Not all folios of the land Register are capable of being the subject of an electronic conveyancing transaction, because ELNs cannot deal with all manner of notifications that could be recorded in a folio, and not all land titles are in the lot/DP or SP format (for example, land in manual titles follow the Volume-Folio format). Electronically tradeable refers to those folios of the Register that are not excluded from being the subject of an electronic conveyancing transaction. Eligibility for electronic lodgment is determined by the Registrar-General. The current list of folios that are electronically tradeable is updated in line with the expansion of ELN operations. In this situation, the electronically tradeable land title reference is entered when prompted in the workspace. Where the paper land dealing relates to more than one land title, instead of entering one or more of the land title references, the following prescribed reference must be entered: NO/REF/99999. The PDF version of the paper document will detail the full list of land titles affected by the land dealing.

RELATED: Managing Risk in Electronic Land Transactions

Next stage for COVID-19 Residual Lodgments

On 25 May, for all other documents (for example, paper land dealings affecting a land title which is not electronically tradeable, powers of attorney, deeds and memoranda (but not plans or documents relating to the water access licence register)), these may be lodged using the COVID-19 Residual Lodgment. In this situation, instead of entering a land title reference when prompted in the workspace, the following prescribed reference must be entered: NO/REF/99999.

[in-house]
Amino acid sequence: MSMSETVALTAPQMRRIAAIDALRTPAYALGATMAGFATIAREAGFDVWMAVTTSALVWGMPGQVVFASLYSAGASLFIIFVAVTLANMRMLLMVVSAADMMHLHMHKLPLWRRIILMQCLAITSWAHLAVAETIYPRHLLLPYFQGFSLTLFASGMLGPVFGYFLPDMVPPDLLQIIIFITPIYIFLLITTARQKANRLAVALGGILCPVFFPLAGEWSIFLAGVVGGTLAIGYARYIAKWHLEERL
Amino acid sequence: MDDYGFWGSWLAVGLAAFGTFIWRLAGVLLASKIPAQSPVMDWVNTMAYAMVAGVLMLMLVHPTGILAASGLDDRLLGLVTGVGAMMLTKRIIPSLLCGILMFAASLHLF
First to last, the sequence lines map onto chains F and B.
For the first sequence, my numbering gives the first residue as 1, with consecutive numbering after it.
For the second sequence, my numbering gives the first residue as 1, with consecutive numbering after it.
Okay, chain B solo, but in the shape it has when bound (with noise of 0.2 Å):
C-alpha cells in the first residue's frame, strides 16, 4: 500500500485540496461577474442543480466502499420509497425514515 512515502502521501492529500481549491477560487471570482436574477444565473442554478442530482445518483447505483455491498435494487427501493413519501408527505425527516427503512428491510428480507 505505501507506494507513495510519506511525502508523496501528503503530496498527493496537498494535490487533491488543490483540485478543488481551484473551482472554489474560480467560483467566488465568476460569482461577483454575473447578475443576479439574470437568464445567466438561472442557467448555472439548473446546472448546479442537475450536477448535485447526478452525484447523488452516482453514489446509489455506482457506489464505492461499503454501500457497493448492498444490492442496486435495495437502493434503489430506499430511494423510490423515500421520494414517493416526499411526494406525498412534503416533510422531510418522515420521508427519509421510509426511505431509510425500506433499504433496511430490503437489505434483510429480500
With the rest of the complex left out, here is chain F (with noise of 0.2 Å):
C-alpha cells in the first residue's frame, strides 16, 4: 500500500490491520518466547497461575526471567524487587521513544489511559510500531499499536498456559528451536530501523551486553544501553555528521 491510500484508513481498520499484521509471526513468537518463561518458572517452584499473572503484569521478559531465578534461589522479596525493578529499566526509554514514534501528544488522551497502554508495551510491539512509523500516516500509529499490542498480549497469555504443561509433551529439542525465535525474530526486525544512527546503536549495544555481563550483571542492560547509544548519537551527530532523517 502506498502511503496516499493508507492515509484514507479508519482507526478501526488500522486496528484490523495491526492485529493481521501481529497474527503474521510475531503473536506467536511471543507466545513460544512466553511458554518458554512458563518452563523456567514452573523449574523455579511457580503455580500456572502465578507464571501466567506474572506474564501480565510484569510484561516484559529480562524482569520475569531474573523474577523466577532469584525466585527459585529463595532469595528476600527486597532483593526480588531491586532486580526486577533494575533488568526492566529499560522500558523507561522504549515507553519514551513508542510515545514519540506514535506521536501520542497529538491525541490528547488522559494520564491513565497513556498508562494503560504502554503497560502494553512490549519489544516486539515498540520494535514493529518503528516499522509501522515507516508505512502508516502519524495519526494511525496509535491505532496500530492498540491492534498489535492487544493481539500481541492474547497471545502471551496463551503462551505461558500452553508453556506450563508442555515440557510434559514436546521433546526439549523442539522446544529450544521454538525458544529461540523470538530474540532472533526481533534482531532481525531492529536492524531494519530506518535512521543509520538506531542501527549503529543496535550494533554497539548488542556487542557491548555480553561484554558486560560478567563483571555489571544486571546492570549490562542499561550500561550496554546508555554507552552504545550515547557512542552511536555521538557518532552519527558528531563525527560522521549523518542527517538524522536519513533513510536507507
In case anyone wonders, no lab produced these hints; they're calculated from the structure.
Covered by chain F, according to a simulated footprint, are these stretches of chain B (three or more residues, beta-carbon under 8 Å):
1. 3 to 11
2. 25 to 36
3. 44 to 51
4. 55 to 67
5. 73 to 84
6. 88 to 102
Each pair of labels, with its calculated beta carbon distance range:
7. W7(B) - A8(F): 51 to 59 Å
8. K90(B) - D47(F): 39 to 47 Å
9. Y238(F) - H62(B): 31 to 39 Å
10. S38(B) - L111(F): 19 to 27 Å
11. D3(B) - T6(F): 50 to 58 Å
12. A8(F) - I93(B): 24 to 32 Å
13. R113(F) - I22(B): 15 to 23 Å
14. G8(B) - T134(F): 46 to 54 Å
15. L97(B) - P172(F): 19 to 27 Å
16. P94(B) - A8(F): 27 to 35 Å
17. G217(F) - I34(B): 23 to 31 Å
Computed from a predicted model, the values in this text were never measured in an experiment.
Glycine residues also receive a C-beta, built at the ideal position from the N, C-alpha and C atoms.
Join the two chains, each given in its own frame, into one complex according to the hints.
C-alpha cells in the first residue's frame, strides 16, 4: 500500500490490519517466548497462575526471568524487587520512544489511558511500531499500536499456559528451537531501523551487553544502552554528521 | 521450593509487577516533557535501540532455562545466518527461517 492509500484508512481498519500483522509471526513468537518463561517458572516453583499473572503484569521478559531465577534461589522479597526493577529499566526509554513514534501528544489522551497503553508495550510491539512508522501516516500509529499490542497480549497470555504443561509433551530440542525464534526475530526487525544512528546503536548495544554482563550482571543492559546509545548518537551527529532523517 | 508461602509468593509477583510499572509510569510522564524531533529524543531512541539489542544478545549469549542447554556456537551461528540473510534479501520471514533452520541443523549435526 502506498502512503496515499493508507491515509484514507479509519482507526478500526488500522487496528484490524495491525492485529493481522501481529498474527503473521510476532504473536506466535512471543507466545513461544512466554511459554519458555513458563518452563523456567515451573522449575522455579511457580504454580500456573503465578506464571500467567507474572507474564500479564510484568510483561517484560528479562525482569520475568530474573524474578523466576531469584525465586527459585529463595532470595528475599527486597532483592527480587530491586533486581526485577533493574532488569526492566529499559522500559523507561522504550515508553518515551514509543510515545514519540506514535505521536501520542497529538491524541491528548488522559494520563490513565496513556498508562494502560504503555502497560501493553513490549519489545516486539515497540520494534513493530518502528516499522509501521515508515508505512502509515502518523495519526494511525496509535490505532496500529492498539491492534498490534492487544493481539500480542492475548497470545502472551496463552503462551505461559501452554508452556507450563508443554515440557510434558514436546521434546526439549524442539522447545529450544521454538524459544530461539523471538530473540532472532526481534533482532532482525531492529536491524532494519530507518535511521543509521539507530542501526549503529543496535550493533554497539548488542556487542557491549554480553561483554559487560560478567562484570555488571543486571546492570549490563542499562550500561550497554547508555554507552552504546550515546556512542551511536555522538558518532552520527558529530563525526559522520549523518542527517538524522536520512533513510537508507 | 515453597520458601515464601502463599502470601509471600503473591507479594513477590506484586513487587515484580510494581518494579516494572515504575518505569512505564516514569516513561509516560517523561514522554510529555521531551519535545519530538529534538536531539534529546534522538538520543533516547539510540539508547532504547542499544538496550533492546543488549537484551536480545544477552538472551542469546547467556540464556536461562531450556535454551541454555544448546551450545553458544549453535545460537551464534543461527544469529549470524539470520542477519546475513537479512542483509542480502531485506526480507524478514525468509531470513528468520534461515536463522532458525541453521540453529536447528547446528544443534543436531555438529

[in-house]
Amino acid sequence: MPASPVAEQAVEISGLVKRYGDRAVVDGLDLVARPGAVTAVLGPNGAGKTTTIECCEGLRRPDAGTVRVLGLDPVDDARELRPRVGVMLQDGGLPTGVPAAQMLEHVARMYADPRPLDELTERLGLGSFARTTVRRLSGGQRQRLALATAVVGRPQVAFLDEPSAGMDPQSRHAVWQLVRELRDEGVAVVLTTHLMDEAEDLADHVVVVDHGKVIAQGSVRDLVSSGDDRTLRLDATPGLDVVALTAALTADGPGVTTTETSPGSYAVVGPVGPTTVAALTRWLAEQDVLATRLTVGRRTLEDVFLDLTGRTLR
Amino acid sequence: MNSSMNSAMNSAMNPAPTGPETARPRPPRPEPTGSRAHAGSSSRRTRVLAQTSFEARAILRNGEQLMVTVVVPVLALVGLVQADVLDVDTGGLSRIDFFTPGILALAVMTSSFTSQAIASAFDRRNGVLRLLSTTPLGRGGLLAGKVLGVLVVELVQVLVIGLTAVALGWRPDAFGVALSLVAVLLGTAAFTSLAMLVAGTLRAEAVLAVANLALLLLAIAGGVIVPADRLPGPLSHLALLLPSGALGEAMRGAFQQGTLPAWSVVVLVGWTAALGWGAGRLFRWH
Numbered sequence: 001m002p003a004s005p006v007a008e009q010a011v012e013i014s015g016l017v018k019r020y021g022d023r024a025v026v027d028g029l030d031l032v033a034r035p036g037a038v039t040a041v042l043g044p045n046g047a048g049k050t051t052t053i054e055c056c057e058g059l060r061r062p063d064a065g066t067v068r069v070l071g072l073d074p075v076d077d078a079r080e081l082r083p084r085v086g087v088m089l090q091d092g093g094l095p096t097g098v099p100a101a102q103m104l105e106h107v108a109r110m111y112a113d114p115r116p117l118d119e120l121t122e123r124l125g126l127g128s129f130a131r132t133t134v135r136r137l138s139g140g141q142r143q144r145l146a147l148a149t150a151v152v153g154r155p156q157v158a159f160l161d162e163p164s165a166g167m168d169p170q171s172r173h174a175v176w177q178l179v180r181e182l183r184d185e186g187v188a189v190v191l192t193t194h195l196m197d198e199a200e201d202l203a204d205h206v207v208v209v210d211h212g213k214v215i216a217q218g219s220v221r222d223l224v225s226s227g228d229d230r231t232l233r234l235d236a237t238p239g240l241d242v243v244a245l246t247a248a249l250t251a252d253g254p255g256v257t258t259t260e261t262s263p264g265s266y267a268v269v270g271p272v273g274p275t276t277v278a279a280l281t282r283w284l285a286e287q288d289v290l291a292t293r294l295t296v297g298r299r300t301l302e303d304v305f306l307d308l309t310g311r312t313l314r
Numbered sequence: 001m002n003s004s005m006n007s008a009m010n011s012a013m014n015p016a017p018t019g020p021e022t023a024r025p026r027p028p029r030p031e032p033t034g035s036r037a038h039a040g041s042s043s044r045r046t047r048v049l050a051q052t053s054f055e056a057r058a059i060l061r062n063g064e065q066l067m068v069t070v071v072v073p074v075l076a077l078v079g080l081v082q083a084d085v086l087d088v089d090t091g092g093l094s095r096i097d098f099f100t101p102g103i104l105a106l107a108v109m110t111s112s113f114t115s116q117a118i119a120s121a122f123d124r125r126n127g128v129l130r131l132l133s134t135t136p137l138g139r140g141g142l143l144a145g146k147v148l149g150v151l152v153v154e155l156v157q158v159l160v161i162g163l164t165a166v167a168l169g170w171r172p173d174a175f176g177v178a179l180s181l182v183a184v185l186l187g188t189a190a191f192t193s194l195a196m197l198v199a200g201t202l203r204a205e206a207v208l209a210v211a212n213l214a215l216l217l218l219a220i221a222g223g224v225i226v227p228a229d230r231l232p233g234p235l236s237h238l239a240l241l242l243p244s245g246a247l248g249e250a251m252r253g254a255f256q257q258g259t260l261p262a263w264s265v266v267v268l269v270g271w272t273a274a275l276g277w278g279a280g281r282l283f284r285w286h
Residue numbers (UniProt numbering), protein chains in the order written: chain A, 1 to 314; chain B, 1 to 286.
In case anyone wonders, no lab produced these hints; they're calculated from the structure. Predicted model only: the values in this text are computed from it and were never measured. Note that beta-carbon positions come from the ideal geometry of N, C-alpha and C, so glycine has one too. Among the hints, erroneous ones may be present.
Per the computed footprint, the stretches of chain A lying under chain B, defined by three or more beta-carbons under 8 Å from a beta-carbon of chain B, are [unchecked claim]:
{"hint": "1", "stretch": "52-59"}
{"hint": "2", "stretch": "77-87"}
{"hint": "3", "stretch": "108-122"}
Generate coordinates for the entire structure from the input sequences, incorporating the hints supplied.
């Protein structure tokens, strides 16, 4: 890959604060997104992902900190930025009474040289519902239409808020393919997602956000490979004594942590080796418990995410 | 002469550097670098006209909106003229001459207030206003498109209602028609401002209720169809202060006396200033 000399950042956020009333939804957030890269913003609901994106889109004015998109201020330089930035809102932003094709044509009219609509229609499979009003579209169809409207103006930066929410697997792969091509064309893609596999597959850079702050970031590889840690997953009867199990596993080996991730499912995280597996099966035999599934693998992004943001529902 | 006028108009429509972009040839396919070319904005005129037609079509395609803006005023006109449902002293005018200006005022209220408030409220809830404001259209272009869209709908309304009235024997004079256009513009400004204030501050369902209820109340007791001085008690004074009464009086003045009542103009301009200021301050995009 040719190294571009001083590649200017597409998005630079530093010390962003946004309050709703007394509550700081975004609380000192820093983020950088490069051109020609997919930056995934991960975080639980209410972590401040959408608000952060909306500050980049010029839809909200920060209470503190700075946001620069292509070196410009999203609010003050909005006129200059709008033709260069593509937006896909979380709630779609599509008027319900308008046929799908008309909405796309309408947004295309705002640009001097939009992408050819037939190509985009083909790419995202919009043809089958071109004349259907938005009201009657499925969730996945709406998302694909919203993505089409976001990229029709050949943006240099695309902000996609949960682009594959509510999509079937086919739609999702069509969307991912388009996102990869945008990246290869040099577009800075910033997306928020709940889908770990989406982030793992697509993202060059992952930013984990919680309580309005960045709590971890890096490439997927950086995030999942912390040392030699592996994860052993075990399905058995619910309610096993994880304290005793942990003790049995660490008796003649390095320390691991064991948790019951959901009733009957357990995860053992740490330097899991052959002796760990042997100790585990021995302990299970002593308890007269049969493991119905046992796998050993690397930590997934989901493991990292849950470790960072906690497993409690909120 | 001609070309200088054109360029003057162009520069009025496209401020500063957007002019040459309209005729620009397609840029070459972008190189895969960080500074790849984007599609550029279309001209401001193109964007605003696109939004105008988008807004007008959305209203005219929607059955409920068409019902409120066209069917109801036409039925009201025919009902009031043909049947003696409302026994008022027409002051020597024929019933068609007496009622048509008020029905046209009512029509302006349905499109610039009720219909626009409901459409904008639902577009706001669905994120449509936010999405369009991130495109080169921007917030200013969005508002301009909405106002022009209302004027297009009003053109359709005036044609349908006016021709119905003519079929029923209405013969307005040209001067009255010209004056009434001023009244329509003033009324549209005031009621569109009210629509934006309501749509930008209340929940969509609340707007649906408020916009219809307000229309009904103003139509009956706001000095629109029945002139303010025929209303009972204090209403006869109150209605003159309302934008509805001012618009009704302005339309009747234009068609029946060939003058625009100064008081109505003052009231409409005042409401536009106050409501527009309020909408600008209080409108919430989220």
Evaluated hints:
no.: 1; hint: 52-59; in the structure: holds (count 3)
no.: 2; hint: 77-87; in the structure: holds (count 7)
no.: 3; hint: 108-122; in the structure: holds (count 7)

In all cases, the practitioner subscriber is required to give the following certification before uploading the pdf document: The Certifier certifies that the attachment is a true copy of the Instrument, a duly executed version of which has been retained by the Certifier. The certification must be manually typed into the paper document’s cover sheet (also known as, lodgment instruction) and saved.

Once the certification is given, the paper document may be uploaded as a pdf into the workspace, categorising the file description to be uploaded as a ‘dealing’ (selected from the available options). One electronic pdf file (maximum size of 100 Mb) may be uploaded, only. Remember to remove any security on the document, such as password protections, and ensure the scanned version of the paper document is legible when opened.

If the paper document that is proposed to be sent to the land titles office requires a CoRD Holder consent, it must be prepared before the residual document is lodged. If the type of consent is a:

  • transacting party consent – it may be prepared in the same workspace as the residual document’s workspace; or
  • third party consent – complete a standalone consent to a paper dealing in a separate workspace to the residual document’s workspace.